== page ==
A Phelix encryption is started by setting

Z^(-8) := K(j+3) "XOR" Nj         for j = 0, ... ,3

Z4^(-8) := K7

Z4^(i) := 0                                   for i = -12, ... , -9

Pi := 0                                         for i = -8, ..., -1

Eight blocks are then applied, using block number i = -8, ... ,-1. For these blocks, the generated keystream words are discarded.


After the initialization, the plaintext is encrypted. Let k := [(L(P) + 3)/4] be the number of words in the plaintext. The encryption consists of k blocks numbered 0 to k -1. Each block generates one word of keystream, which is used to encrypt one word of the plaintext. Depending on L(P) mod 4, between 1 and 4 of the bytes of the last keystream word are used.

Computing the mask

Just after the block that encrypted the last plaintext byte, one of the state words is modified. The internal state word Z0^(k) is xored with the value 0x912d94f1.

Using this modifed state, eight blocks, numbered k; ... ,k + 7 are applied for post-mixing. For these blocks, the plaintext word Pi is defined as L(P) mod 4, and the generated keystream is discarded . After the post-mixing, four more blocks, numbered k + 8, ... , k + 11, are applied, using the same plaintext input word (i.e., L(P) mod 4).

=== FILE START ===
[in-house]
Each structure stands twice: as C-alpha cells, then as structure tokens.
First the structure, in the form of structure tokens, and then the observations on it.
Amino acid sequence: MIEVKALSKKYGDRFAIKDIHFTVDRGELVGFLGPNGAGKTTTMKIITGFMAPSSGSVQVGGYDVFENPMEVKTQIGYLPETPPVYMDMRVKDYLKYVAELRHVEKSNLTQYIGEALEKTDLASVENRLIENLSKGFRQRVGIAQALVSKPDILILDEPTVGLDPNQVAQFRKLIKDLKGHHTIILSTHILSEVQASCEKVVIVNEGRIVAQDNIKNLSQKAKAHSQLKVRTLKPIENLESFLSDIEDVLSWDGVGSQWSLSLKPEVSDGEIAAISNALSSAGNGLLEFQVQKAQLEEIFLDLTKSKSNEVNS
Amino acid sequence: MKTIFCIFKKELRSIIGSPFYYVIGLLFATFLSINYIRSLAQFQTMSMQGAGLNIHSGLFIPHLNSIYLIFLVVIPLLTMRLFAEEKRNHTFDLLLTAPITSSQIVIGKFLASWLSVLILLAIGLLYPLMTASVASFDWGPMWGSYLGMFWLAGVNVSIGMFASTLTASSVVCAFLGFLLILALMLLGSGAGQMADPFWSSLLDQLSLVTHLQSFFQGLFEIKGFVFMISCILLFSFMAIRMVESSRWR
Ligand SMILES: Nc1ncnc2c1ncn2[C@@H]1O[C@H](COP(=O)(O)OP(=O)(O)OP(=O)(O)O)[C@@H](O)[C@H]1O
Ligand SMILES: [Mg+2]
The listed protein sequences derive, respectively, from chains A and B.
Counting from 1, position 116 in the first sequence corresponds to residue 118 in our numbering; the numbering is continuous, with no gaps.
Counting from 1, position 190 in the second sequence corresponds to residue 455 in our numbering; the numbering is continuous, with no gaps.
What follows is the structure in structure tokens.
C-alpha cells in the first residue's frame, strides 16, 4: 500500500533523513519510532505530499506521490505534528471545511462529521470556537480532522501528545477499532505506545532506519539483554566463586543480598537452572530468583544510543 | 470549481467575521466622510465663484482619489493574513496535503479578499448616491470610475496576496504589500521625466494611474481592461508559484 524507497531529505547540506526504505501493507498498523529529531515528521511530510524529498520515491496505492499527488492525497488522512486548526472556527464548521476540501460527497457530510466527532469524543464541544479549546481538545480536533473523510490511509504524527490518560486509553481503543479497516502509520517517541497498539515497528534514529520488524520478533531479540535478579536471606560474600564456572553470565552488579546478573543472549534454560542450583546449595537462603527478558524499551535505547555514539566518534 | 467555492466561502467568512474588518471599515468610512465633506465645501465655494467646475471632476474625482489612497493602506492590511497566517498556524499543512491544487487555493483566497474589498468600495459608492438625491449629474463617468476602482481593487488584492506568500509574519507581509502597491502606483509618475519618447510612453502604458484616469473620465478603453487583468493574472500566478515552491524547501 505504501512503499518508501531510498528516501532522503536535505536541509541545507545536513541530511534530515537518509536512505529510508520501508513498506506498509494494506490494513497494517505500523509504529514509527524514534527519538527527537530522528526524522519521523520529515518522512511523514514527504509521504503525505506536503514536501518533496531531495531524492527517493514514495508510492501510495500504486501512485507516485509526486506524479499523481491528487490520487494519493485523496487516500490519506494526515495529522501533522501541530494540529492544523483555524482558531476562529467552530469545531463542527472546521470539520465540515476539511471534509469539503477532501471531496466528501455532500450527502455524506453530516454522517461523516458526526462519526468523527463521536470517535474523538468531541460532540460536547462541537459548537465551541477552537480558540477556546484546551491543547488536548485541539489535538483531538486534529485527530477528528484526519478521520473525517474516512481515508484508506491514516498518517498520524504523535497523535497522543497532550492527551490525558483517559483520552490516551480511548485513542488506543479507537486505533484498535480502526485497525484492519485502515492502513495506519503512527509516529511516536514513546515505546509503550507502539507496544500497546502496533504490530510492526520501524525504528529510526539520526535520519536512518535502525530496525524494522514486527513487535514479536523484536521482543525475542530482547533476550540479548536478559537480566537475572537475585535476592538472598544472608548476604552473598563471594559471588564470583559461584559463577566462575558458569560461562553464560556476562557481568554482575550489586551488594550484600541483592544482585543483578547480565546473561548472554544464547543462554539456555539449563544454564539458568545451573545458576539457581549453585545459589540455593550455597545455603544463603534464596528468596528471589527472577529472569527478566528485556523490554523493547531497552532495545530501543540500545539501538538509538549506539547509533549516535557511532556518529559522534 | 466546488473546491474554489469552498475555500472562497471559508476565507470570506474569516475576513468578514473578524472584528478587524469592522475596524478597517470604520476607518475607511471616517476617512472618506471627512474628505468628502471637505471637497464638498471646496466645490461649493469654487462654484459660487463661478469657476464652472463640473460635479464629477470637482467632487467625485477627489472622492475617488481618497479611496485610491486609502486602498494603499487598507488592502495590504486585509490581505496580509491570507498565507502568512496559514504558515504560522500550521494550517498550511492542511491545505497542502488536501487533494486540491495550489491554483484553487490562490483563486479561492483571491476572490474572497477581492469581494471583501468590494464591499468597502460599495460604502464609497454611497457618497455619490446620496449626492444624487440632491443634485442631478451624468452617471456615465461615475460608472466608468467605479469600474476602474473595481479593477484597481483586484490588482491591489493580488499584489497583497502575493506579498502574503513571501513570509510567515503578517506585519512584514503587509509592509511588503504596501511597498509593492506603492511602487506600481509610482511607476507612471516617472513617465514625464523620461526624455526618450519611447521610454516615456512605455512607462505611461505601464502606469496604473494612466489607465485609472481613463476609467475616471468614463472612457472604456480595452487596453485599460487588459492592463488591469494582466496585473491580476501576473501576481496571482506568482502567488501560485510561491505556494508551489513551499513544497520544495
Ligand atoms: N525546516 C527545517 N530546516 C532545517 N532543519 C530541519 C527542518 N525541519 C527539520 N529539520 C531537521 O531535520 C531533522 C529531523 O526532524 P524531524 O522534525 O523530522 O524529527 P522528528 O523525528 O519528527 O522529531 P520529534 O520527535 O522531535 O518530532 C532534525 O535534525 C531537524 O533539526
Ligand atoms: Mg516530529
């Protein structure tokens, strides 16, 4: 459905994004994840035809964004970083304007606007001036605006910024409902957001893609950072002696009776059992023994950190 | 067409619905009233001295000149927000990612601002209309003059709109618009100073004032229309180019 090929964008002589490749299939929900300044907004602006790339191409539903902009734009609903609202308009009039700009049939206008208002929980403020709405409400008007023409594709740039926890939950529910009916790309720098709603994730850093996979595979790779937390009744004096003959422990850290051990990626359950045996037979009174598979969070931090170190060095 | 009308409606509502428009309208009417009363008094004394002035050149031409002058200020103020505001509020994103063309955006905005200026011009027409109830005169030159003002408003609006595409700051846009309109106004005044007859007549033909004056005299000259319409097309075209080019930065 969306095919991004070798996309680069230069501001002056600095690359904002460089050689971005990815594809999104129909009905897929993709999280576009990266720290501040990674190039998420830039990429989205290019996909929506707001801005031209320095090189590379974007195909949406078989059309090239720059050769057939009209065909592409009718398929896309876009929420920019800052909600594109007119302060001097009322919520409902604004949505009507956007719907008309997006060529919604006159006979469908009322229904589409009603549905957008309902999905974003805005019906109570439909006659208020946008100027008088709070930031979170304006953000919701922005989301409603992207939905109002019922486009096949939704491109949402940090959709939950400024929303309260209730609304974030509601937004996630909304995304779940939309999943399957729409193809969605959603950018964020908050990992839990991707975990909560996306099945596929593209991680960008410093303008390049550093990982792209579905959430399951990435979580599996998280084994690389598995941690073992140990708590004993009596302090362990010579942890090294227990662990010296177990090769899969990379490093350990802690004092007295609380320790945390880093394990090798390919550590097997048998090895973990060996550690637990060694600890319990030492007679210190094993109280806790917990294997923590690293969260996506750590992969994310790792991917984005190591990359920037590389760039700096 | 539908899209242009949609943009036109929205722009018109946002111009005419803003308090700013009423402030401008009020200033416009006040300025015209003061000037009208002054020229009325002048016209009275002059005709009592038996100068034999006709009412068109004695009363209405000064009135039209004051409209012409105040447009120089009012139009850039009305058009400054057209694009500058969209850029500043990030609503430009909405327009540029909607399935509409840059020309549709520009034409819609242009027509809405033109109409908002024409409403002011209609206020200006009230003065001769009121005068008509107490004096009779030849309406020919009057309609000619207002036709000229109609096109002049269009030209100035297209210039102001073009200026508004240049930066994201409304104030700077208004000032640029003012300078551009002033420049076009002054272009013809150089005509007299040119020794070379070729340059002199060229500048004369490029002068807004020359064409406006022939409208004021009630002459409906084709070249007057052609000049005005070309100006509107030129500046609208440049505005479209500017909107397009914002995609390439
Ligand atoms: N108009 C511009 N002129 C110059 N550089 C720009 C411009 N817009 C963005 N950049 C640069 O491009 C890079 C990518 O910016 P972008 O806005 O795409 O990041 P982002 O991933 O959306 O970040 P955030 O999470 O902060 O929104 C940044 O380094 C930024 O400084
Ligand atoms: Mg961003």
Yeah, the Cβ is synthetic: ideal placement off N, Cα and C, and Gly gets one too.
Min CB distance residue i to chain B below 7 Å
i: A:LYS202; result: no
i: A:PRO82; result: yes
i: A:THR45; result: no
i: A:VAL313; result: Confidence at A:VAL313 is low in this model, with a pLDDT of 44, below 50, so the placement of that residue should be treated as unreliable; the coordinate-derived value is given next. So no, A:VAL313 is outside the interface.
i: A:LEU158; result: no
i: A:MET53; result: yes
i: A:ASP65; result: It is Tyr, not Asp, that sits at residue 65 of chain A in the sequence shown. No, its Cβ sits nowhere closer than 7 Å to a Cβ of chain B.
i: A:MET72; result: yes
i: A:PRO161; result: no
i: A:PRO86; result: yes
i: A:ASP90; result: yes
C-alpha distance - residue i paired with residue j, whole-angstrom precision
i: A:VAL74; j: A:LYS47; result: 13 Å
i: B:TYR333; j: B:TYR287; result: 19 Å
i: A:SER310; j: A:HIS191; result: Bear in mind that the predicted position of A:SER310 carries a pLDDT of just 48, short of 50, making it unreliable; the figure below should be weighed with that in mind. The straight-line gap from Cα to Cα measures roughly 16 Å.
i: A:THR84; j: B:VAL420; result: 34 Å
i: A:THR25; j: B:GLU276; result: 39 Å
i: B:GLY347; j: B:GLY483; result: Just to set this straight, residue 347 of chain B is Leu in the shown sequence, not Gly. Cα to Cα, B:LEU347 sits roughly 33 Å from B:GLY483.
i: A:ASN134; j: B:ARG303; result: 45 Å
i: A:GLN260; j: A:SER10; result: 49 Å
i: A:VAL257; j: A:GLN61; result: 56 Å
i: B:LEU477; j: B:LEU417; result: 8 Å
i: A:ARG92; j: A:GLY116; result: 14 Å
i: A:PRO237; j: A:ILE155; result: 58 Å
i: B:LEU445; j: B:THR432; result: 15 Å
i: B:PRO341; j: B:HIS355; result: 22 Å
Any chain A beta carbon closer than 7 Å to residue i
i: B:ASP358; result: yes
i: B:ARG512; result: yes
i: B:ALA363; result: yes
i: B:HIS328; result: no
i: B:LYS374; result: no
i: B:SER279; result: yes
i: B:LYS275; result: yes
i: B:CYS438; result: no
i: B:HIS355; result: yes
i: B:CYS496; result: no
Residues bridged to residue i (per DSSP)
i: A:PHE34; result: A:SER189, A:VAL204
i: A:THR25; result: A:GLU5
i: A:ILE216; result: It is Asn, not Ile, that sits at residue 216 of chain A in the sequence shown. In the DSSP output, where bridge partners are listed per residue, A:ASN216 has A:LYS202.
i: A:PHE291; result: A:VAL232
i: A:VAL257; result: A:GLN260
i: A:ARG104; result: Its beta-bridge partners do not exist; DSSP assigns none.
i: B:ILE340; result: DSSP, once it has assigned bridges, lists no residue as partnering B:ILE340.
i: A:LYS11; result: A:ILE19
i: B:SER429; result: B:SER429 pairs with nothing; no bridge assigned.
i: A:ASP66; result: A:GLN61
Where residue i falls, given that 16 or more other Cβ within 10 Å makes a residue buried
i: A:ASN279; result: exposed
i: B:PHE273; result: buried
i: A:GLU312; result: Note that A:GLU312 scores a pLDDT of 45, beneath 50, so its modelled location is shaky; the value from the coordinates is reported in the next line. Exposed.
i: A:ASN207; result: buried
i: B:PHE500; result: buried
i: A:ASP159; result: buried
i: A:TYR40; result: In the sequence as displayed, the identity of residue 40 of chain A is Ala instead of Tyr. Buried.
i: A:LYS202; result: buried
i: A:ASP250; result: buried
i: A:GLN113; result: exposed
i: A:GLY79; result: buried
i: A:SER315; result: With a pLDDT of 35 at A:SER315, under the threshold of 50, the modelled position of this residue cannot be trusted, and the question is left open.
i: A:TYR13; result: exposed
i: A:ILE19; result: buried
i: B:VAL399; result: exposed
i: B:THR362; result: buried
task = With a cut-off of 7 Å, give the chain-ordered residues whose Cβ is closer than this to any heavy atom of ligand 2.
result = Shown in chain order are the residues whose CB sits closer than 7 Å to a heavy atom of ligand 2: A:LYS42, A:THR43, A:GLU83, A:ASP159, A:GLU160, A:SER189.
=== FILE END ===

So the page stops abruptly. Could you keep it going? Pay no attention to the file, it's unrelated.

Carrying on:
Decryption is almost identical to encryption. The only diferences are:

-The keystream "Si" generated after the first application of the H function in each block is used to decrypt the ciphertext, producing the plaintext word that is used in the second application of the H function within the block. The implementation must insure that any unused bytes of the final plaintext word are taken as zero for purposes of computing the block function, regardless of value of the extra keystream bytes.